By Cody Climer
Imagine a small American town in the ’50s the way cinema would portray it. What do you see? Perfect storefronts, immaculate house wives going to butcher shops and hair salons. It would probably be in fall with leaves changing in that golden fire way that only happens in New England. The cars shine as they roll slowly down the streets and the sidewalks are bustling with activity. I’m sure there are even church bells ringing. It’s an image of America that has been on the silver screen or television sets for more than 50 years now, one that as a lonely kid in the middle of West Texas in the ‘80s was completely drenched in. I saw it in so many places on TV or in movies and it was antithetical to what I saw when I stepped outside or how I lived. In the real world I was used to empty streets with tumbleweeds, decaying and closed store fronts, all the signs of decline that were missing from popular cinema. I don’t mean to say my childhood was a Dorothea Lange photo–it wasn’t anything that dramatic–but it wasn’t idyllic by any means. I don’t think I was particularly unique in my childhood either. There are many groups that have been excluded from being recognized in movies and television. But, I have found movies that do a much better job of evoking and describing my culture, many of them recently, as I have become more adventurous in watching movies.
Recently I saw two movies that were shocking to me in there diametrically-opposed views of 1950s America, yet both scathing rebukes of its monolithic nature. All That Heaven Allows (1955) is about a widowed housewife in suburban Connecticut who falls in love with the young enigmatic man that cares for her trees. It confronts the 1950s ideals for women’s roles and responsibilities. The other movie is The Last Picture Show (1971), which more closely describes my own childhood. Set in 1952 in a small West Texas oil town, it follows a group of teenagers as they graduate high school and move towards their life after graduation. The Last Picture Show also shows a lonely housewife’s affair—the wife is played by Cloris Leachman, in an Oscar-winning performance–but it’s a bleak story of her love for one of the high school athletes. In All That Heaven Allows, Jane Wyman’s character Cary is essentially excommunicated from her community when she falls for Rock Hudson’s Ron. The movie portrays the townspeople as little better than the children in Lord of the Flies when they find out about the affair. The Cloris Leachman character’s affair with Timothy Bottoms in The Last Picture Show is treated with a certain inevitability by her peers. For me this is interesting. While in high school there was a rumor of one of the high school teachers having an affair with a football player. In our small town it made few waves other than being a mild piece of gossip.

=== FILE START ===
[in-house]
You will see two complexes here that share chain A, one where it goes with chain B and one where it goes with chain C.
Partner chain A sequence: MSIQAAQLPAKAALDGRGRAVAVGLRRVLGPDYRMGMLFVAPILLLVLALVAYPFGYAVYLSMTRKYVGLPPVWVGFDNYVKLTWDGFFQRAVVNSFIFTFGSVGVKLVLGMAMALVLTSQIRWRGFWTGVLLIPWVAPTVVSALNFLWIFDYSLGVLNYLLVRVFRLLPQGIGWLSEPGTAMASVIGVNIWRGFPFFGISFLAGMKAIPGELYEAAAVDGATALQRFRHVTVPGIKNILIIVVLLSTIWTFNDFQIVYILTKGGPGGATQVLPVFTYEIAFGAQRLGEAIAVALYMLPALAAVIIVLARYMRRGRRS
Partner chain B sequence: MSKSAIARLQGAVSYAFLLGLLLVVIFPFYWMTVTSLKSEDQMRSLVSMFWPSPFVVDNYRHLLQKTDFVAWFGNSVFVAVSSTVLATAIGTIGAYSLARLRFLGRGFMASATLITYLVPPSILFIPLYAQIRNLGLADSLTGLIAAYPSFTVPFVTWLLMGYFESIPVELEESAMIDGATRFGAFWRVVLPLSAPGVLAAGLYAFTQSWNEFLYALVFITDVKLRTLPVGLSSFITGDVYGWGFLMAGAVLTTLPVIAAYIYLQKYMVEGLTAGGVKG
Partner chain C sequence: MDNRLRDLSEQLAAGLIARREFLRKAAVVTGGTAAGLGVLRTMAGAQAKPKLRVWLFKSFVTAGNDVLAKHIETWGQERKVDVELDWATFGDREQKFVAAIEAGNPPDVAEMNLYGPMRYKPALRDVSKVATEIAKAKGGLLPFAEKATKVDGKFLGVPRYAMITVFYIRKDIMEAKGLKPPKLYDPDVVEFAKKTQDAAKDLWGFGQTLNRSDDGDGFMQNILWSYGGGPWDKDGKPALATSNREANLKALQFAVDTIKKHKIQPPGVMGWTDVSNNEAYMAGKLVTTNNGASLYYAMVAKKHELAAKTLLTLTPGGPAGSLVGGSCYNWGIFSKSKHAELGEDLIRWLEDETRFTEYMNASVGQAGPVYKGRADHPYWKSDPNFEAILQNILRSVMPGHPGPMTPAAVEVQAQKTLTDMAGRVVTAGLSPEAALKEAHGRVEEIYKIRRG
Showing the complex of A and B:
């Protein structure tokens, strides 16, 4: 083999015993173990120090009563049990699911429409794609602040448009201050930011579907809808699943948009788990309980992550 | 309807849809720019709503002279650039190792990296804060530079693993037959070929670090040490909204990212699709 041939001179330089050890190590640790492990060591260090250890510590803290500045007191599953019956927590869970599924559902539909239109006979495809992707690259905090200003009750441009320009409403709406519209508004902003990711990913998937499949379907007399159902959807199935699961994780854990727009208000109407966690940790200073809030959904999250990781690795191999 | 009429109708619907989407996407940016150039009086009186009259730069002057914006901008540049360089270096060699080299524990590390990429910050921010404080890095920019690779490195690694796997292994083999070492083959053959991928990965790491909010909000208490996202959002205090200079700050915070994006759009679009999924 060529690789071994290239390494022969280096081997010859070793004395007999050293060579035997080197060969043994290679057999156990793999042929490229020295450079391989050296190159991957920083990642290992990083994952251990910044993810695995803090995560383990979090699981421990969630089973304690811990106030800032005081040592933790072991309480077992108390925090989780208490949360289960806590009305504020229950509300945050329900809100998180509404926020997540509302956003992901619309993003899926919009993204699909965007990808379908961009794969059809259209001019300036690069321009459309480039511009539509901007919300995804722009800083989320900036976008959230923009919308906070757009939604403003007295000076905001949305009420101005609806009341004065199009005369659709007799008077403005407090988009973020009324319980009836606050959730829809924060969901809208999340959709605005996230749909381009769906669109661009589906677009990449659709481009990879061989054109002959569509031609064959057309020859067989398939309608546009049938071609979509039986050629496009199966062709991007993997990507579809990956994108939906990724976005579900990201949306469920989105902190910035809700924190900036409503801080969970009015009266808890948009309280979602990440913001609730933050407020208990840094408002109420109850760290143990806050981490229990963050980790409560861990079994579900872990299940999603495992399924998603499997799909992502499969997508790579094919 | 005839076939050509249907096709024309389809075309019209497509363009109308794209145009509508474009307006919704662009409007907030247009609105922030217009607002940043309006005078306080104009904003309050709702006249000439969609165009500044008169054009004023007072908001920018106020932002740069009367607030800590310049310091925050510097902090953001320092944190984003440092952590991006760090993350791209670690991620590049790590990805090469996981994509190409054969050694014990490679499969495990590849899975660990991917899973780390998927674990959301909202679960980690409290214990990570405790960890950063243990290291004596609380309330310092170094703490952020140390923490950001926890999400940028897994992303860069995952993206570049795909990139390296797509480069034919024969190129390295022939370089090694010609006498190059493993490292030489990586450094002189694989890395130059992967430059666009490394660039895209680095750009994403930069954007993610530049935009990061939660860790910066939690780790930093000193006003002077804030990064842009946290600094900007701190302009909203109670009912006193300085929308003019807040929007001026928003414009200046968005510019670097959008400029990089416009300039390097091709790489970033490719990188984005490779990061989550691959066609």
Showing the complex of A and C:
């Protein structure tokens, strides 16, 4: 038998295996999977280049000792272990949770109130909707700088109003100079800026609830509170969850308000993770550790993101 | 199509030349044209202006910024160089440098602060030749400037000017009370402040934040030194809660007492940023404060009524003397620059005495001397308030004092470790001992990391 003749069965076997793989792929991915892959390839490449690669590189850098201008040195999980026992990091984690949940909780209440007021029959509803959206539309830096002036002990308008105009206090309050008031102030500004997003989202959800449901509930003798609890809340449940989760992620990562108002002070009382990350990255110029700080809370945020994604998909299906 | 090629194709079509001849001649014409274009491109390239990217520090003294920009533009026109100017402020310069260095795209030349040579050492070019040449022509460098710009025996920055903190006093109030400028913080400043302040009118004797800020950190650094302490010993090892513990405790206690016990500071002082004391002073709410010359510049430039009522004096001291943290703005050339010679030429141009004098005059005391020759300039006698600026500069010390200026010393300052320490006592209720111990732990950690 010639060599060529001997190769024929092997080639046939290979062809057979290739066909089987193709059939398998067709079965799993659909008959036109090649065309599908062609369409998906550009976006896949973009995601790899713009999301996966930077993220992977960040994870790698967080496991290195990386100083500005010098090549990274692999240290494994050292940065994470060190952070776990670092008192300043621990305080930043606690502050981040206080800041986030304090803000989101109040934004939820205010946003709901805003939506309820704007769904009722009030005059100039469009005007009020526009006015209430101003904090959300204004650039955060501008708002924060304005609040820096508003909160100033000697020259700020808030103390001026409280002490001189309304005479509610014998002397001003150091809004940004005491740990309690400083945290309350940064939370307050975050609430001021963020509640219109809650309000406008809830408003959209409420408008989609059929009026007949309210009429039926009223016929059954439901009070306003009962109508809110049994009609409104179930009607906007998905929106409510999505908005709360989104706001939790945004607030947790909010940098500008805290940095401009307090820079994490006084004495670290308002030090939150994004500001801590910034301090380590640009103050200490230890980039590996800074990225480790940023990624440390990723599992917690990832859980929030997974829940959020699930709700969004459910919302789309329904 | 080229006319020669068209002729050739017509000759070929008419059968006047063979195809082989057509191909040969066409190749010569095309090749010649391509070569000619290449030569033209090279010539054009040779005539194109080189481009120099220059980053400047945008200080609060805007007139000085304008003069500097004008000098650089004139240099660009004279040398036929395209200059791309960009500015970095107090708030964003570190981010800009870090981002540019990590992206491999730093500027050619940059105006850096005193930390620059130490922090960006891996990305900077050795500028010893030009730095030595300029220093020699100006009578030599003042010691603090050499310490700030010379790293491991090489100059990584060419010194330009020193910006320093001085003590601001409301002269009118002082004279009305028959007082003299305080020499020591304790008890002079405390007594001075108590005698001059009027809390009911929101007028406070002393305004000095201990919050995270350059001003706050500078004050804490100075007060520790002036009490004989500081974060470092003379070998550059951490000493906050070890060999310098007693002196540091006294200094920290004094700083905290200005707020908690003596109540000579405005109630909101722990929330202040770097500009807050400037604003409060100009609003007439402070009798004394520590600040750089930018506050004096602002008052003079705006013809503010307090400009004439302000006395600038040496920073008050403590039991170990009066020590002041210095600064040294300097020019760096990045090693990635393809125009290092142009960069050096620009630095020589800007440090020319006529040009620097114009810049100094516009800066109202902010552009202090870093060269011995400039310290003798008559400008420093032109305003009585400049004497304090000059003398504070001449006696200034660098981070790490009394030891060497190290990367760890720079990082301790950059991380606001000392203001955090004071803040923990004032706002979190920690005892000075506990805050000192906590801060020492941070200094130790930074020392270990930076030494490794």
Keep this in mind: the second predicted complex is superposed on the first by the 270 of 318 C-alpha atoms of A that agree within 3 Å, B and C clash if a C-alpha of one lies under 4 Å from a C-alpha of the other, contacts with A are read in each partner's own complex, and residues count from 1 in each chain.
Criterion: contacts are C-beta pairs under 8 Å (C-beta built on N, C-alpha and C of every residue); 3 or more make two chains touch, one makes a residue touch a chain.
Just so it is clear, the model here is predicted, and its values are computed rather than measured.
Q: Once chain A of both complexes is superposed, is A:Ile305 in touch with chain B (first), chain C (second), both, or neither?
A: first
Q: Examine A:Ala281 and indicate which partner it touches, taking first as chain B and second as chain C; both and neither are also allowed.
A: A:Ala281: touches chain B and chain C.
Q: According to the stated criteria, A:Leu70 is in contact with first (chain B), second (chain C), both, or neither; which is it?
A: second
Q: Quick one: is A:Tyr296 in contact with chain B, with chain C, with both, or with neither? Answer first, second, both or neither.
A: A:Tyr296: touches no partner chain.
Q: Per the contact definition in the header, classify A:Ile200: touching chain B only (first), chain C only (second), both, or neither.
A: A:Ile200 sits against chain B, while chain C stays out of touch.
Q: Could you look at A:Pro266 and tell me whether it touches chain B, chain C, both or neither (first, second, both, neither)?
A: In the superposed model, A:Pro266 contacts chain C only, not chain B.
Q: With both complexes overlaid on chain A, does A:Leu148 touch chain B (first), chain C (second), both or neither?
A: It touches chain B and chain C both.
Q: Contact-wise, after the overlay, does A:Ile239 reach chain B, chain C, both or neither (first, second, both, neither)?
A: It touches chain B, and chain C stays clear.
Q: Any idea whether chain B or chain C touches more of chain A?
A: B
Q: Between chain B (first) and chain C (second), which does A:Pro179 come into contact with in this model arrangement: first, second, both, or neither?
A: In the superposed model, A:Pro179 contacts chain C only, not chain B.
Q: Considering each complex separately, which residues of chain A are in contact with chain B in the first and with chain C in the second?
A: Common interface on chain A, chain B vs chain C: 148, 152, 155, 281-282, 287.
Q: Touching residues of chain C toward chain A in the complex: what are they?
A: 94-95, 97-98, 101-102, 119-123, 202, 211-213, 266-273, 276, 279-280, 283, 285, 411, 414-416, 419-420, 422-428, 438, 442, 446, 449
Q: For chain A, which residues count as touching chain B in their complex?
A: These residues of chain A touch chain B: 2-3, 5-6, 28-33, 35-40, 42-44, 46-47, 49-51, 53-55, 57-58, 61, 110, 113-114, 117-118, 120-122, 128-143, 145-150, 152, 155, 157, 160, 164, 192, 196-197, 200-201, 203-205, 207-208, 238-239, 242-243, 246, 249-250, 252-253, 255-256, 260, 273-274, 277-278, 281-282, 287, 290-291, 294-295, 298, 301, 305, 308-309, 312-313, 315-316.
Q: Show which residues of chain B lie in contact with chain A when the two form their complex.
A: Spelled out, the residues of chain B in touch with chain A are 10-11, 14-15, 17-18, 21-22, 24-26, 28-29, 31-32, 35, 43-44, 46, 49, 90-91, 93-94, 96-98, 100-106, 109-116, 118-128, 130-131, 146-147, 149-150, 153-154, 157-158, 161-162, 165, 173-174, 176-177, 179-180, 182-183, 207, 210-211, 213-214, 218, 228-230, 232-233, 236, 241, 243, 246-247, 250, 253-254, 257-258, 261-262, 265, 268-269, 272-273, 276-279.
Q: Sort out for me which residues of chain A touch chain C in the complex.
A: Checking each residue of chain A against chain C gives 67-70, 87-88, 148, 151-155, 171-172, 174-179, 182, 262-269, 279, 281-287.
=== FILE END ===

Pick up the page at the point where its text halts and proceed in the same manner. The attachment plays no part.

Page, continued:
This is the idyllic town from All That Heaven Allows. Nice, eh? (Frame capture from the film).
What’s the major difference between the New England town in All That Heaven Allows and The Last Picture Show’s bleak Anarene, Texas? It’s less of a difference in geography or population density than economics. Cary’s neighbors, who so disapprove of her relationship with Ron, are prosperous doctors, lawyers and university professors. Cary has lots of money from her deceased husband. Is it really the age difference between her and Ron that the neighbors disapprove of, but the fact that he is a common gardener? In The Last Picture Show, everyone in town is poor except the parents of the Cybill Shepherd character. There’s not as much a gulf between the high school teacher’s wife and the boy she has an affair with. They’re both stuck.
Comparing the ‘50s to the ‘80s to some may be a stretch, but Jane Wyman’s second husband was president in the ‘80s, elected on a platform of bringing back a more wholesome mid-century culture; while Rock Hudson died from the American AIDS epidemic. The two decades have a lot in common. As for The Last Picture Show’s place in all this, it was made 20 years after it was set, in a time when deconstructing the myth of the ‘50s was a common theme in movies. It was based on a script by Texas native Larry McMurtry which I think did an excellent job of capturing the emotional desolation that is woven into the very fabric of West Texas, no matter the decade. West Texas in the 1980s had almost bipolar economics. The oil business builds and crushes empires so swiftly that it can be mind boggling. My dad was laid off several times through the ‘80s because of it. The stable old money wealth shown in All That Heaven Allows is about as far as you can get from that.
Compared with the above scene, Anarene, Texas, shown in The Last Picture Show, may as well be on another planet.
By the end of All That Heaven Allows, the town realizes it doesn’t care as much as they thought if Cary marries Ron, and she goes to seek his forgiveness. In The Last Picture Show, Timothy Bottoms goes to Cloris Leachman to be consoled when tragedy strikes and he realizes there’s no escape from Anarene, Texas. In All That Heaven Allows, Cary is given a pass by the townspeople after being absolved by Ron, and I think this resolution steals some of the film’s biting take on suburban culture. While The Last Picture Show accurately shows the bleak despair of being trapped in society, the film’s conclusion also seems a little oversimplified.
The mid-20th century in America has a strange hold on our culture. Popular culture created an image that describes an incredibly small group and tried to have it fit all of America. We revile and love it all in the same breath, many are ostracized from it but still want to be part of that imperfect, never true mono-culture. It’s taken getting older and wiser to see my place in society, the small privileges I receive, and the walls I run against. Seeing these movies has helped me understand that.